[OPE-L:6666] Re: Imperialism

From: glevy@pop-b.pratt.edu
Date: Thu Mar 07 2002 - 15:22:56 EST

Re Alfredo's [6662]:

> We have recently had an exchange about *imperialism*. I think it raised
> several important issues, but the topic deserves careful study, for both
> theoretical and empirical reasons (it can be argued that we are entering a
> new period of imperialism, for example). My point is this: we (and lots of
> people on the “left”, including NGO activists, anti-capitalist
> demonstrators, anarchists, and so on) tend to believe that there is
> something out there called “imperialism”. The question is
> – what is it? My contention is: the meaning and significance of
> *modern* imperialism (as distinct from traditional, colonial imperialism)
> is far from clear. Two issues are especially important: 1. The nature and
> process of international domination that *defines* imperialism. 2. The
> structures and processes of international exploitation. How is it that one
> *country* exploits another, and who benefits and how? *NOTE* that Marxists
> have a theory of surplus value, ie, exploitation in production based on
> *class*, but imperialism is different, it presumes exploitation of
> *countries*. Conflation is unacceptable. Any ideas? 

Good questions, Alfredo!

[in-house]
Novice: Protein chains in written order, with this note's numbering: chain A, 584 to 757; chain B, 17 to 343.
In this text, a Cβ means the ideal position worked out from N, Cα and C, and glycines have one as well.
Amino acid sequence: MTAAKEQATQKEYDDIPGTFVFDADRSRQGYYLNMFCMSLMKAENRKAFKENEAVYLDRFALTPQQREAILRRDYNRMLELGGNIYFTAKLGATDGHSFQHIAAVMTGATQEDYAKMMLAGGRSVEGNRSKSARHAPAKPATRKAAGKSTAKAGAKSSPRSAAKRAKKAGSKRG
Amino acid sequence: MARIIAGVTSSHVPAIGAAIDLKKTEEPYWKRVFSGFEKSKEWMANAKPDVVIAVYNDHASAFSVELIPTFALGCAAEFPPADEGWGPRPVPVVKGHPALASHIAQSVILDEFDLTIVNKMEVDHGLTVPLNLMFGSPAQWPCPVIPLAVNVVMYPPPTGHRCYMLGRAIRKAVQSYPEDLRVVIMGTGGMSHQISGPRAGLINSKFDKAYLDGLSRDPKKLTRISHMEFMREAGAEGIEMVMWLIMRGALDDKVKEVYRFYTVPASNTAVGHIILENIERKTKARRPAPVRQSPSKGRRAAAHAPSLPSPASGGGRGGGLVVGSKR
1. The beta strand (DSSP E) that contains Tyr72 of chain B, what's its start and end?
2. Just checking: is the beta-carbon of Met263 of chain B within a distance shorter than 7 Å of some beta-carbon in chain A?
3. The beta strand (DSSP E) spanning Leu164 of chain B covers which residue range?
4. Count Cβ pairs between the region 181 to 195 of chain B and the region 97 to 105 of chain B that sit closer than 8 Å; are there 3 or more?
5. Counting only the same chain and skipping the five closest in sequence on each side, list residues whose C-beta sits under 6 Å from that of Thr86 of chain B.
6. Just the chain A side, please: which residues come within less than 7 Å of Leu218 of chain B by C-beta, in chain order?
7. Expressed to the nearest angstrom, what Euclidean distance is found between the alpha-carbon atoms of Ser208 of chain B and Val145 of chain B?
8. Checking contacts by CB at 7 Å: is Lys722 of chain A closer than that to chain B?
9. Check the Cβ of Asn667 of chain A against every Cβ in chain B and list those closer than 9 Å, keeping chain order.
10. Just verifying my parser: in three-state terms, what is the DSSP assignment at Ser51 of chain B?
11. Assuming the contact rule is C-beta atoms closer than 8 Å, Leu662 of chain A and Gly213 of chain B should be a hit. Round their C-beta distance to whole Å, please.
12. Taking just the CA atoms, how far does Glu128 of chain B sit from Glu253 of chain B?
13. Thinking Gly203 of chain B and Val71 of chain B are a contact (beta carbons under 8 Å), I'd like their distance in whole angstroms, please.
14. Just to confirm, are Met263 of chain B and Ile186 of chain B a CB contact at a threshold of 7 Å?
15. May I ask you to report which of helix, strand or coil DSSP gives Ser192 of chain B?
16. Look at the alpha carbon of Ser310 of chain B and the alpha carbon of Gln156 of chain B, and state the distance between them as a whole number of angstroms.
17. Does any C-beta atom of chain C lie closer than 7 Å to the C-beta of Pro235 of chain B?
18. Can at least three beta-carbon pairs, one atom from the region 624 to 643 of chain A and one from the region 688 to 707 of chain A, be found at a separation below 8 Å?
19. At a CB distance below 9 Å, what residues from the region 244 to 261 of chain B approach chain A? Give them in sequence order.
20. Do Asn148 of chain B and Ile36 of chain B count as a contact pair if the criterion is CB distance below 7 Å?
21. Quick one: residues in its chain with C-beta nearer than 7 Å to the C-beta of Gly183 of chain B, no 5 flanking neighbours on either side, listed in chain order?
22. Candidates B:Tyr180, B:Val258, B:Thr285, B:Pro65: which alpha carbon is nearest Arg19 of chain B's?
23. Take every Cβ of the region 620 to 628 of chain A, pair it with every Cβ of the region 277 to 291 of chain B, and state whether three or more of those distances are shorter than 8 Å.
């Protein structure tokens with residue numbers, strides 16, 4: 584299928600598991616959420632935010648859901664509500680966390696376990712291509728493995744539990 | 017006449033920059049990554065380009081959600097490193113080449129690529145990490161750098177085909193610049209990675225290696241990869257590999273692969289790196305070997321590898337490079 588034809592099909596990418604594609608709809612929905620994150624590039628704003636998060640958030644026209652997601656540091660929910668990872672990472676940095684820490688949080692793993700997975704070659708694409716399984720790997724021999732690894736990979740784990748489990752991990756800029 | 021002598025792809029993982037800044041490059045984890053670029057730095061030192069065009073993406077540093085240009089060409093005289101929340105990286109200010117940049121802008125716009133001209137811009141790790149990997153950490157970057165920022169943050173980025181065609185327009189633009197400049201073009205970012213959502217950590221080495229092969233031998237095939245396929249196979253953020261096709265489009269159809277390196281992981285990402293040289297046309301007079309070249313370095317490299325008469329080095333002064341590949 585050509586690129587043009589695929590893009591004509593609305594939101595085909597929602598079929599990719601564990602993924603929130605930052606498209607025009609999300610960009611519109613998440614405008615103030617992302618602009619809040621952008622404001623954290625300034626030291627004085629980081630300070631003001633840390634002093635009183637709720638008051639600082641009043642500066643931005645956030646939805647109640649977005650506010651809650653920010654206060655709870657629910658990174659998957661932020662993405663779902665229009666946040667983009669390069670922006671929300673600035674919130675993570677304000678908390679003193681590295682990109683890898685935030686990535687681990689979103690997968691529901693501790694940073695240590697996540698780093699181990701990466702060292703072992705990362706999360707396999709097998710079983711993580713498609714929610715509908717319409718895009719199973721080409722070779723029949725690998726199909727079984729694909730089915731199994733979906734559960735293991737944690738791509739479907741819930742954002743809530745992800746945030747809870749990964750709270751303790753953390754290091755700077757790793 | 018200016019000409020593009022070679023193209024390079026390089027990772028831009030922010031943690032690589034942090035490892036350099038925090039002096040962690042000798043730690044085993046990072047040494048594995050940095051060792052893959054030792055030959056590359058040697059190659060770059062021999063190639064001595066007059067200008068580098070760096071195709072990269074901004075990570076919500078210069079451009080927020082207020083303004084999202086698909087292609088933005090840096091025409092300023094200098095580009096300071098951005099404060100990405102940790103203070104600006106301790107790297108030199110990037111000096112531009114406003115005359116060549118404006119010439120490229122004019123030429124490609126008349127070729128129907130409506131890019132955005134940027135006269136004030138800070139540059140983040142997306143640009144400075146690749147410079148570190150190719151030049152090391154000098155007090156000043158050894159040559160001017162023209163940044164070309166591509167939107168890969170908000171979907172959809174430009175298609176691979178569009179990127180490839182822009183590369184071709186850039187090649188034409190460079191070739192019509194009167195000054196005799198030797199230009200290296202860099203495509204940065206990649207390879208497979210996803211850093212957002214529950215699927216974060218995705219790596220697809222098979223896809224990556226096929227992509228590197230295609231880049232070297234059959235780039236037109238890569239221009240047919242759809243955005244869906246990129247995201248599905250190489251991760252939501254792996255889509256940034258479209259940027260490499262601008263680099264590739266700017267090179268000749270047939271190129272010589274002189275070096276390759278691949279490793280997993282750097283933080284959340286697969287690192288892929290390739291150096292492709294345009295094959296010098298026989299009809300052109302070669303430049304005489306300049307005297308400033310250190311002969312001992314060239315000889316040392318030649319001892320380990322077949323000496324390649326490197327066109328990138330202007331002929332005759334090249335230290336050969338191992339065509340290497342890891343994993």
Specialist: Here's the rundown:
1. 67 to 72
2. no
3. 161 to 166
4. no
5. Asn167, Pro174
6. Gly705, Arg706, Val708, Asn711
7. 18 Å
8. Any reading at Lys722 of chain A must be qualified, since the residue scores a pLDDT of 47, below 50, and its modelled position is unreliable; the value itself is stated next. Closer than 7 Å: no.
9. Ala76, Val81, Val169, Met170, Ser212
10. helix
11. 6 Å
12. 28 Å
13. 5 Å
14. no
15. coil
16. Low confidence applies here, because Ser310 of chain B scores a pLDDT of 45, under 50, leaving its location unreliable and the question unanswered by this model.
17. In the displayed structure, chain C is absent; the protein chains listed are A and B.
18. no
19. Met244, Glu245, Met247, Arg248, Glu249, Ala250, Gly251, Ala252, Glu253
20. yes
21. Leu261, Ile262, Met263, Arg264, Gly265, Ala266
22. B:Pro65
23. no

I don't know that it is the case that one country exploits others. Wouldn't it be more accurate to say that one *state* contributes to the exploitation and oppression of workers and peasants in other countries?

Who benefits? The ruling class of the imperialist nation, right? How? Well, that's a bit more complicated. We could talk about the role of transnational corporations in modern imperialism (which frequently require state protection), we could talk about markets in the imperialised nations, we could talk about raw materials  that become elements of constant circulating capital and commodities that go into the reproduction of labour-power, we could talk about the international migration of labour power, we could talk about the economic benefits of war, and, of course, there is the issue raised by David Y concerning the so-called "aristocracy of labor" in the imperialist nations. Sounds like a lot of important stuff to discuss.

In solidarity, Jerry

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